Abstract: In recent years, Living Labs have become a well-established innovation approach where individual users and other stakeholders are involved to co-create, test and evaluate digital innovations in open, collaborative, multi-contextual and real-world settings. Despite this, in order for digital innovation to be tested and successfully adopted by end-users, different barriers should be understood and clearly addressed particularly in a Living Lab setting that the participation is usually voluntary and end-users are involved with testing and using digital technology in their real-life everyday use context. These barriers can be related not only to the process of engaging users to test the digital innovations, but also can be related to the innovation itself. Accordingly, the aim of this PhD thesis is to understand the barriers for digital innovations to be tested and adopted by end-users in a Living Lab context. In so doing, a qualitative research approach has been used and several data collection methods have been employed to fulfill the objective of this study. Conducting extensive literature reviews (focusing on both barriers for user engagement as well as adoption barriers) have been used as the secondary data source. As for the primary data collection methods, conducting a field test in a Living Lab context, semi-structured interviews with Living experts as well as professionals in different digital innovation application domains, interviewing end-users of digital technologies and finally open-ended questionnaire have been employed. So far, a taxonomy of influential factors on participants’ drop-out behavior in Living Lab field test has been developed and initial list of adoption barriers for digital innovation has been identified. In addition, the consequences of drop-out in Living Lab field tests and recommendations that would facilitate prolonged user engagement have been developed. An initial set of recommendations on how the adoption barriers should be tackled has been developed. This study will also summarize the key lessons learned from the conducted field tests, workshops, interviews with a number of end-users and experts in Living Lab and digital innovations field and opens up several avenues for future research in this field.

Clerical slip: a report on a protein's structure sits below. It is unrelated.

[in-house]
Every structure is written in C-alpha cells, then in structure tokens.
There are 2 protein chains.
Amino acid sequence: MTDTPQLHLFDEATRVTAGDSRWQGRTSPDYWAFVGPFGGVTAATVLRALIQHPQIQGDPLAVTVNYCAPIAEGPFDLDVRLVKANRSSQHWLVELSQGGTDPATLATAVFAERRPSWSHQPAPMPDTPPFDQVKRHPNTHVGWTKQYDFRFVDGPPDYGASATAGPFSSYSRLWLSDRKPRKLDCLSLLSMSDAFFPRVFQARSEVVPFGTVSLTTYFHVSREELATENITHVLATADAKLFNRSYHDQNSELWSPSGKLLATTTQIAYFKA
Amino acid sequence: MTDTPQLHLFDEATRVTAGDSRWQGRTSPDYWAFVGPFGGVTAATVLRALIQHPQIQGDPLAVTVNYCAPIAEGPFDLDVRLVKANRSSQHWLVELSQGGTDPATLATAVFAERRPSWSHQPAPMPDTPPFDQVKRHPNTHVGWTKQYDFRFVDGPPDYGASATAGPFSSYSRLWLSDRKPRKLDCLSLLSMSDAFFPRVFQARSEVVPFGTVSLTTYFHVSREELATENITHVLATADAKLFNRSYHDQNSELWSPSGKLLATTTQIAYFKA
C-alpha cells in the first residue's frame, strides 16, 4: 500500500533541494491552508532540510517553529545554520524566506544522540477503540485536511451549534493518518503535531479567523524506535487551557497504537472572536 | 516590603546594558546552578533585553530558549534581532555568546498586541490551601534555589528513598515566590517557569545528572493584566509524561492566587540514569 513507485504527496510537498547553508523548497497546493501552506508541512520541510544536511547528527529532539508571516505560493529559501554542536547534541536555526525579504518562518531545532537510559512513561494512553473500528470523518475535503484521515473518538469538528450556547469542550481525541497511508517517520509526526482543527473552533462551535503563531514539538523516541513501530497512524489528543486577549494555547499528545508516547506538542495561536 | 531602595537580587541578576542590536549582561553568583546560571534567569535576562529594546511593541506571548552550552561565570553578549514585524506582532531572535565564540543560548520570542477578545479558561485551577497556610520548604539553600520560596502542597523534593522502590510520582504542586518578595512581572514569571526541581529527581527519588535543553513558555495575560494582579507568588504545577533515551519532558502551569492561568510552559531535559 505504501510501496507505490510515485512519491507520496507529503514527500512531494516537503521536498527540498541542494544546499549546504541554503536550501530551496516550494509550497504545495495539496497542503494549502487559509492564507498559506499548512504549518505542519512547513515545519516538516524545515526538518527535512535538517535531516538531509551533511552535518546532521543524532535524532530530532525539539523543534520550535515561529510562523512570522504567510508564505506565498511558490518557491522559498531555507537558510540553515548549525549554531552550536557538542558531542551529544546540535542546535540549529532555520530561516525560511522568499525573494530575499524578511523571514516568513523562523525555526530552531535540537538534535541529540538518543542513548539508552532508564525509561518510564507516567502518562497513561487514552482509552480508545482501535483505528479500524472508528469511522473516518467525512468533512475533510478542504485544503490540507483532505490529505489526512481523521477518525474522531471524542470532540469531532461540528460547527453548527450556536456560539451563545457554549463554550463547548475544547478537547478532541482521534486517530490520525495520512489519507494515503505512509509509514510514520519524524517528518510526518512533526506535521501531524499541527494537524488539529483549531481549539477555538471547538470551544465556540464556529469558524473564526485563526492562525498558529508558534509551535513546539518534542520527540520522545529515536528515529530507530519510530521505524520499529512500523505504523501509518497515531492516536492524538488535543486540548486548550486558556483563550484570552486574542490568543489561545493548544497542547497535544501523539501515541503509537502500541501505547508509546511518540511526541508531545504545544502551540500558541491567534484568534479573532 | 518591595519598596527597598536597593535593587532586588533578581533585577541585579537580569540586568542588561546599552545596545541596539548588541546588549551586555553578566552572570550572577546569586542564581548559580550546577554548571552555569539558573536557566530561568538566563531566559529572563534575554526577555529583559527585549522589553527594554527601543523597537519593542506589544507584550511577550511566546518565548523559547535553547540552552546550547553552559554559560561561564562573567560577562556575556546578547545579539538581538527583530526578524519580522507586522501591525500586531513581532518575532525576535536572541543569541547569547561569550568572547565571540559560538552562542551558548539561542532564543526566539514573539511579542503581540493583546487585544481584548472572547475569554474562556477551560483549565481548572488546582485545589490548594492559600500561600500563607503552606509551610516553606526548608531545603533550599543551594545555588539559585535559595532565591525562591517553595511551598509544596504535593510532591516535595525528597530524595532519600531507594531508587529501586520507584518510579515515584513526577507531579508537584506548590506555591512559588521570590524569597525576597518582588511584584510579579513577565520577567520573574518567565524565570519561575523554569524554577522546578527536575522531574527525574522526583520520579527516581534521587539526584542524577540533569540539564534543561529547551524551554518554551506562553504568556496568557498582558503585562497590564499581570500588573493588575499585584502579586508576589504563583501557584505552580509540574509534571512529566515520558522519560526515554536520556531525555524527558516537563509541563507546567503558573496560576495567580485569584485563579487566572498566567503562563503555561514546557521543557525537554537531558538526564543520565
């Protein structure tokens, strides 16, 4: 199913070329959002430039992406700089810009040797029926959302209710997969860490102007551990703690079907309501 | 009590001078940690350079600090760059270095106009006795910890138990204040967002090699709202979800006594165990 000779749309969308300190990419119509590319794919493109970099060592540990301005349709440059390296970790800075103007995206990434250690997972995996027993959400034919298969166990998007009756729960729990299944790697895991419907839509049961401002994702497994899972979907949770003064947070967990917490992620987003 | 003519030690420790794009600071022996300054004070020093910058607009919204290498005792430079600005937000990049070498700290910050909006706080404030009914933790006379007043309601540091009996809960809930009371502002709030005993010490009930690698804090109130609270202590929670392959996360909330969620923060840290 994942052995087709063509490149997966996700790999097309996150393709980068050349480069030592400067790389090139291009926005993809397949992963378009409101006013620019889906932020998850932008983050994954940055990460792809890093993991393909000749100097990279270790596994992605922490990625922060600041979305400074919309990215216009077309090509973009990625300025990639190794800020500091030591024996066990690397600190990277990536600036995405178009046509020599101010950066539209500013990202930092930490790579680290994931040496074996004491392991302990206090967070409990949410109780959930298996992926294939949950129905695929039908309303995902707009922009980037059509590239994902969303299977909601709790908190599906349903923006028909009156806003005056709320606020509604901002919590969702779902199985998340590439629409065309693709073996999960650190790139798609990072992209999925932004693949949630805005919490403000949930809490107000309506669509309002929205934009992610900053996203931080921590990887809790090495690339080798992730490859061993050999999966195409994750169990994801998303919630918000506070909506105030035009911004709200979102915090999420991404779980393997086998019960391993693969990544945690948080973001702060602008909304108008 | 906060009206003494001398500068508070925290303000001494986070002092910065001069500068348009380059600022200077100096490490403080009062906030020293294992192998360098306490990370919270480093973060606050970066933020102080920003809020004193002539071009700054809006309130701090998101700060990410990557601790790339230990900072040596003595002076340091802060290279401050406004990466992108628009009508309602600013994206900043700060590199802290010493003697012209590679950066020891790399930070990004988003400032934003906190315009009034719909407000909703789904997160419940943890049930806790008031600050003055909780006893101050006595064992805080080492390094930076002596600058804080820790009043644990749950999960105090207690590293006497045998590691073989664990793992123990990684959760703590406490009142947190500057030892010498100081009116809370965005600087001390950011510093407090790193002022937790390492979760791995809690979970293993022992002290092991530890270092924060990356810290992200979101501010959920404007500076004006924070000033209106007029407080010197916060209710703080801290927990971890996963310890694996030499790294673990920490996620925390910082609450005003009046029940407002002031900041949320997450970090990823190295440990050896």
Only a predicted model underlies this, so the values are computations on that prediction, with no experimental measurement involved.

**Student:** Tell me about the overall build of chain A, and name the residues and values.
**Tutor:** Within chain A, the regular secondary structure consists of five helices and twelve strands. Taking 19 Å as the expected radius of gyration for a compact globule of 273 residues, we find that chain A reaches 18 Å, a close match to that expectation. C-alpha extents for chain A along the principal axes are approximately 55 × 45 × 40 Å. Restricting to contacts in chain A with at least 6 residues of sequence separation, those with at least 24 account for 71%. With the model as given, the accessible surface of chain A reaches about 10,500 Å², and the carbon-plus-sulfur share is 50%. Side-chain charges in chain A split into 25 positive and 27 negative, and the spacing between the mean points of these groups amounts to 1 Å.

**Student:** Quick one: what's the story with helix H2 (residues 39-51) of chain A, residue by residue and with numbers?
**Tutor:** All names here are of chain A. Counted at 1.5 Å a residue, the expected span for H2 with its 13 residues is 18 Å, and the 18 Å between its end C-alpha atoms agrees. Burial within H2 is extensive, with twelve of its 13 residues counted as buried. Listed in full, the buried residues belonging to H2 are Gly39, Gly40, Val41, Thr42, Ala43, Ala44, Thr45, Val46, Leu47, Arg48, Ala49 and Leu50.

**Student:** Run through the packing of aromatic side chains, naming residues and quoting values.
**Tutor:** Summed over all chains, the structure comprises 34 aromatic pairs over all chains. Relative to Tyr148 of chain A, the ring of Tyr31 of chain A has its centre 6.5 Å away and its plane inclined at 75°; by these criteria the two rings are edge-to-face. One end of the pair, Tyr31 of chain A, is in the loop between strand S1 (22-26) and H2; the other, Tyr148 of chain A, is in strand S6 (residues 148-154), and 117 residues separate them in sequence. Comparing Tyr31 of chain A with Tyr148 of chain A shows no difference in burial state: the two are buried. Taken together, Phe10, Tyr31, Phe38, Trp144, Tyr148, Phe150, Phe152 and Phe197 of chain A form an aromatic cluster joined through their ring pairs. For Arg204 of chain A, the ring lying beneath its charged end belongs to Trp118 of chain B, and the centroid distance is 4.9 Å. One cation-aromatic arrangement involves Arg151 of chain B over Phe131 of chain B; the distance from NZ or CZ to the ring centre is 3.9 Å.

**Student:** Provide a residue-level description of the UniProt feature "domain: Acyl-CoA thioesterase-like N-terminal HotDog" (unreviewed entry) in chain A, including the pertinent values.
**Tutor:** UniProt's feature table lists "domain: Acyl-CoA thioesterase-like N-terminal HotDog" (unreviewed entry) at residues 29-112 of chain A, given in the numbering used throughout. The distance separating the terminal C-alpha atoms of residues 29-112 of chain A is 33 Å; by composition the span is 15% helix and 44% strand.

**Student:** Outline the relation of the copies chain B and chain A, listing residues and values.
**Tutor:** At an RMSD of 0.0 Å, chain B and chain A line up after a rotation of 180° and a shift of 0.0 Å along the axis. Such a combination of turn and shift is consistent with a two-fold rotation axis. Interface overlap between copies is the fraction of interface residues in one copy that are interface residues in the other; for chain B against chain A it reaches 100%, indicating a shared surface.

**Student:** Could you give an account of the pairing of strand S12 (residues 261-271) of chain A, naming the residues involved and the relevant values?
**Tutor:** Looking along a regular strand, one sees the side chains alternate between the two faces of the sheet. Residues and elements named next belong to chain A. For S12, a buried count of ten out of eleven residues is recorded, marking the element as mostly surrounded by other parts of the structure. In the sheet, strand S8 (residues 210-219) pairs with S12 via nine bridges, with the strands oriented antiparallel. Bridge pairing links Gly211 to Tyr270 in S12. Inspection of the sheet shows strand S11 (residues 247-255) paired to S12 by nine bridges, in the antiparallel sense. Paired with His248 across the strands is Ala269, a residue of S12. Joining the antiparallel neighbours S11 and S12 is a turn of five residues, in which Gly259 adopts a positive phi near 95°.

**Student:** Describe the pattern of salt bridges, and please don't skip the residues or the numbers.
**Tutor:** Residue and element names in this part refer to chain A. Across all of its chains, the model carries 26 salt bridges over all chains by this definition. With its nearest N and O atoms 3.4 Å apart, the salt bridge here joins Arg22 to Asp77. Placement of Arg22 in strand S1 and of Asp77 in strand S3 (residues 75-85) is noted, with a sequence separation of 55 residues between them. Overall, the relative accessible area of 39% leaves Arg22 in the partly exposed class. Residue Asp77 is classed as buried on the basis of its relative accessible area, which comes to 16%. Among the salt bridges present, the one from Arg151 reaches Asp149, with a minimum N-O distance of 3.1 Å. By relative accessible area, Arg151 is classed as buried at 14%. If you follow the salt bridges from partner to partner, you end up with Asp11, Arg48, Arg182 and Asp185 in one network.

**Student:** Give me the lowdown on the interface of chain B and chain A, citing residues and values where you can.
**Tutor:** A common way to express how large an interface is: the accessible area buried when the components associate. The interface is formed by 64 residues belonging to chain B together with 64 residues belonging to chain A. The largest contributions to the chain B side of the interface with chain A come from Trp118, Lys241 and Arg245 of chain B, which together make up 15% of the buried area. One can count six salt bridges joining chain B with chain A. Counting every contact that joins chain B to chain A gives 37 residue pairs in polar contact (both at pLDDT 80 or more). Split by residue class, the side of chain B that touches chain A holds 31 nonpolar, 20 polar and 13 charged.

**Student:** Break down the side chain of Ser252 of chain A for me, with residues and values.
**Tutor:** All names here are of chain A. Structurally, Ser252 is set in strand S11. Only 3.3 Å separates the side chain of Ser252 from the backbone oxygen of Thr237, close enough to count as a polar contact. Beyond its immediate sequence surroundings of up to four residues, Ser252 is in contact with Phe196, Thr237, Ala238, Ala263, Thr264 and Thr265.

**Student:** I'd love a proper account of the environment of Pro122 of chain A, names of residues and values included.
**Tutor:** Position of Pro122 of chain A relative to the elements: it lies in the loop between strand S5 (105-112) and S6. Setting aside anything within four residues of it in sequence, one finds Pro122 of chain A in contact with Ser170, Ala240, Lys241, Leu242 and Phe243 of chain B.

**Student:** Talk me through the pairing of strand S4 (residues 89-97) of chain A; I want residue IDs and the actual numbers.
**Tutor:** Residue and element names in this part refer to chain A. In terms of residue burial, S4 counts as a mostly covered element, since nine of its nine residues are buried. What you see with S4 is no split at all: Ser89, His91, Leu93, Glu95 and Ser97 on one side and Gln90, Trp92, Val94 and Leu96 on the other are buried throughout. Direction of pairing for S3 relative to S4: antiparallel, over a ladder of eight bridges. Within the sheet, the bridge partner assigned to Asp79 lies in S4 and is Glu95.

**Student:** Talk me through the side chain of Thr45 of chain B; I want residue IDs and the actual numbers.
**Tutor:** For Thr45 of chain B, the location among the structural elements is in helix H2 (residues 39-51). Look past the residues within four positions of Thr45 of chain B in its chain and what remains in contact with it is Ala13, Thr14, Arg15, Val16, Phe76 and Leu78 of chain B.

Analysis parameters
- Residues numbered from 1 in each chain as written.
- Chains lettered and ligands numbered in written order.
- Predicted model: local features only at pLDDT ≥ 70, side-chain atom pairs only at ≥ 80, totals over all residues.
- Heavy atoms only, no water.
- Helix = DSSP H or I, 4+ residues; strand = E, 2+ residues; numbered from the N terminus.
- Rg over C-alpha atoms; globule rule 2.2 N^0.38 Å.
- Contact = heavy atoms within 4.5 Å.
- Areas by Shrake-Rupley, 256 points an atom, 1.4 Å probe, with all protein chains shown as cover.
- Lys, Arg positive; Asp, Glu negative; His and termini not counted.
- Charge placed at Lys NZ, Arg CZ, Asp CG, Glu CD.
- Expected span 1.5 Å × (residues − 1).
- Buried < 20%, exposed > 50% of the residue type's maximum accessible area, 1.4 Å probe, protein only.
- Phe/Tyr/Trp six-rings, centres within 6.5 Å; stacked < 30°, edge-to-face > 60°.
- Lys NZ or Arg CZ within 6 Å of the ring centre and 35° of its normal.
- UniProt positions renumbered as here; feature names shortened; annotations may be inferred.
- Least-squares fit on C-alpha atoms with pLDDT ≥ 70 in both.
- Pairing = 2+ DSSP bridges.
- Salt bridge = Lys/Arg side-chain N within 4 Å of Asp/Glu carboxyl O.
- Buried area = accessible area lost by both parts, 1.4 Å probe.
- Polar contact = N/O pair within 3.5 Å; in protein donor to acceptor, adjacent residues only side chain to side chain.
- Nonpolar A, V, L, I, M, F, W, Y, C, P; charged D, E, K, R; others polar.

Abdolrasoul HabibipourPhD student